The confirmation process to the Supreme Court is simple yet arduous. The nomination and confirmation of Amy Coney Barrett will be one of the quickest in American history and Republican leaders are confident that the process will be complete before November 3rd.
Barrett’s nomination process will most likely follow that of Sandra Day O’Connor’s who was confirmed to the bench only 33 days after her nomination from President Reagan. Or the speediness of Justice Harry Blackmun’s confirmation made in only 27 days after his nomination by President Nixon.
Step One: Being nominated by the President
Under the Constitution, the president has the power to nominate his choice to become the next Supreme Court Justice.
Article II, Section 2 states the president “shall nominate, and by and with the advice of the Senate shall appoint…judges of the Supreme Court’
Step two: the Senate Judiciary Committee
Now that the president has made his official nomination the process moves forward for deliberation from the Senate Judiciary Committee, a smaller group within the Senate. First, the Committee will conduct a prehearing background check into the potential Justice. Then, the nominee will participate in a public hearing. Barrett will be questioned and give testimony on a wide range of subjects, from her interpretations of the constitution to her stance on abortion.
Next, the Committee will report its recommendation to the full Senate. The Committee can report the nomination with either a favorable recommendation, negative recommendation, or in rare instances give no recommendation at all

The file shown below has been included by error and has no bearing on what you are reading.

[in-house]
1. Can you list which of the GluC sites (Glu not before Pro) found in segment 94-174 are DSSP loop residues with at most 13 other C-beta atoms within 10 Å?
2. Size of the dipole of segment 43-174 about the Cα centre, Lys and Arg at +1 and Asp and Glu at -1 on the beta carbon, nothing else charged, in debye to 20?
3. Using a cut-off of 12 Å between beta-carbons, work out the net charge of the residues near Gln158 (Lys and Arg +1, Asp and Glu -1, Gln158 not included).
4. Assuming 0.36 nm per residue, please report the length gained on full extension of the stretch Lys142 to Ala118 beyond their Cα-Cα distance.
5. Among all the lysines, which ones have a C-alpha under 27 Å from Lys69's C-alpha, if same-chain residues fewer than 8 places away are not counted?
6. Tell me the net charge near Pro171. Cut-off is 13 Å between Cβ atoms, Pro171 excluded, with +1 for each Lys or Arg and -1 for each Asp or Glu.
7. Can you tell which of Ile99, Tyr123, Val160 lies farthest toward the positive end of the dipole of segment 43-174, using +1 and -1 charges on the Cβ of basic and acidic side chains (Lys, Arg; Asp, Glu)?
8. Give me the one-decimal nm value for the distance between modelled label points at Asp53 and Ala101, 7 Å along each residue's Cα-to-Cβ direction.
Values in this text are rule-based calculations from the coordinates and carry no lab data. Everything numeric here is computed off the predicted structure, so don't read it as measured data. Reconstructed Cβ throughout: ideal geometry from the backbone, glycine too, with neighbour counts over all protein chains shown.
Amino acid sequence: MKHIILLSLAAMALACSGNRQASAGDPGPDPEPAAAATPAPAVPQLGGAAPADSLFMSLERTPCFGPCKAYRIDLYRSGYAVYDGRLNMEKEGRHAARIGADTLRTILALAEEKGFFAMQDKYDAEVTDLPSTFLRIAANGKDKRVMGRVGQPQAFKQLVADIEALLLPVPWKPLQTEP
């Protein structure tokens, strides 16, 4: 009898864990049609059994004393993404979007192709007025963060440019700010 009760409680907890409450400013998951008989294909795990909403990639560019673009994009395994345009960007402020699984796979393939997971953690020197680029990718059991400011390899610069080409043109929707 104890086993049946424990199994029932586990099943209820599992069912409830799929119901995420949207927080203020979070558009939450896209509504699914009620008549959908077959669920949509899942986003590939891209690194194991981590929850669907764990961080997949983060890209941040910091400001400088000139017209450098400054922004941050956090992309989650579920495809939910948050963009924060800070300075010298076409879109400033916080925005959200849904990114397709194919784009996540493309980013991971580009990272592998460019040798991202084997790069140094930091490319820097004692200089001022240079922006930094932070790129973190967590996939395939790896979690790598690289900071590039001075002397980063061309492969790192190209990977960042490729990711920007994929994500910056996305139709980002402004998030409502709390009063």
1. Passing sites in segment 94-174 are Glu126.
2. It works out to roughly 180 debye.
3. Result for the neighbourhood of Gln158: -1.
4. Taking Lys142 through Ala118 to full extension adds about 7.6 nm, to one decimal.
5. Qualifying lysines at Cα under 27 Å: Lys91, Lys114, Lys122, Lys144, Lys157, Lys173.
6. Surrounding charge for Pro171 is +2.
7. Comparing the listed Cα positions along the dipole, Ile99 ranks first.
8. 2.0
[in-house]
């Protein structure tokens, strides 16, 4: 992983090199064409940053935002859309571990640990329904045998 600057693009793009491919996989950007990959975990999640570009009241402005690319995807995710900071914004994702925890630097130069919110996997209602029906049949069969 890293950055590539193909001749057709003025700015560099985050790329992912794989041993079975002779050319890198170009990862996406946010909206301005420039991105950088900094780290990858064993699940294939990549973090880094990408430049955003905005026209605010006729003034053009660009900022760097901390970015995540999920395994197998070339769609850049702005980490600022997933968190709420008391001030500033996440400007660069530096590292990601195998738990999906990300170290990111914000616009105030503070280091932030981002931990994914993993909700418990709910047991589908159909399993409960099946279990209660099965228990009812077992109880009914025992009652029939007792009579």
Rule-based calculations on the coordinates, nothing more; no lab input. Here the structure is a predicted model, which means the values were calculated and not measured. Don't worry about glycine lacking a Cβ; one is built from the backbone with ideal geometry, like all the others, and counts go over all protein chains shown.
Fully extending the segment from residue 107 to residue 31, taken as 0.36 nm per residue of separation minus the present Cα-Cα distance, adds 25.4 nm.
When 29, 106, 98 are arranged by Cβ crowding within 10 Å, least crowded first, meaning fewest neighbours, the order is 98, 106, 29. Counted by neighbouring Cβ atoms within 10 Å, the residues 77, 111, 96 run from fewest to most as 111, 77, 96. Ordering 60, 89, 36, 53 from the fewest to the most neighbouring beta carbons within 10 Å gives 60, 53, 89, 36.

Step three: the full Senate
Assuming that potential future Justice Barrett is given a favorable recommendation from the Committee the vote will then move to the full Senate floor for debate. Barrett will need a 51 majority vote from the Senate to move forward, instead of the supermajority of 60 votes needed in the past- thanks to a rule change in 2017. The Senate is currently majority Republican with 53 members versus the Democrats 45 members and 2 registered Independents.
Step four: the vote
The Senate requires a simple majority present and voting to confirm the nominee. If Barrett receives 51 votes then the Secretary of the Senate will transmit the confirmation vote to the President. Then the President will sign a commission appointing the new Supreme Court Justice to the bench.
Click the “NEXT PAGE” button below to see the official timeline for Justice Barrett’s confirmation process.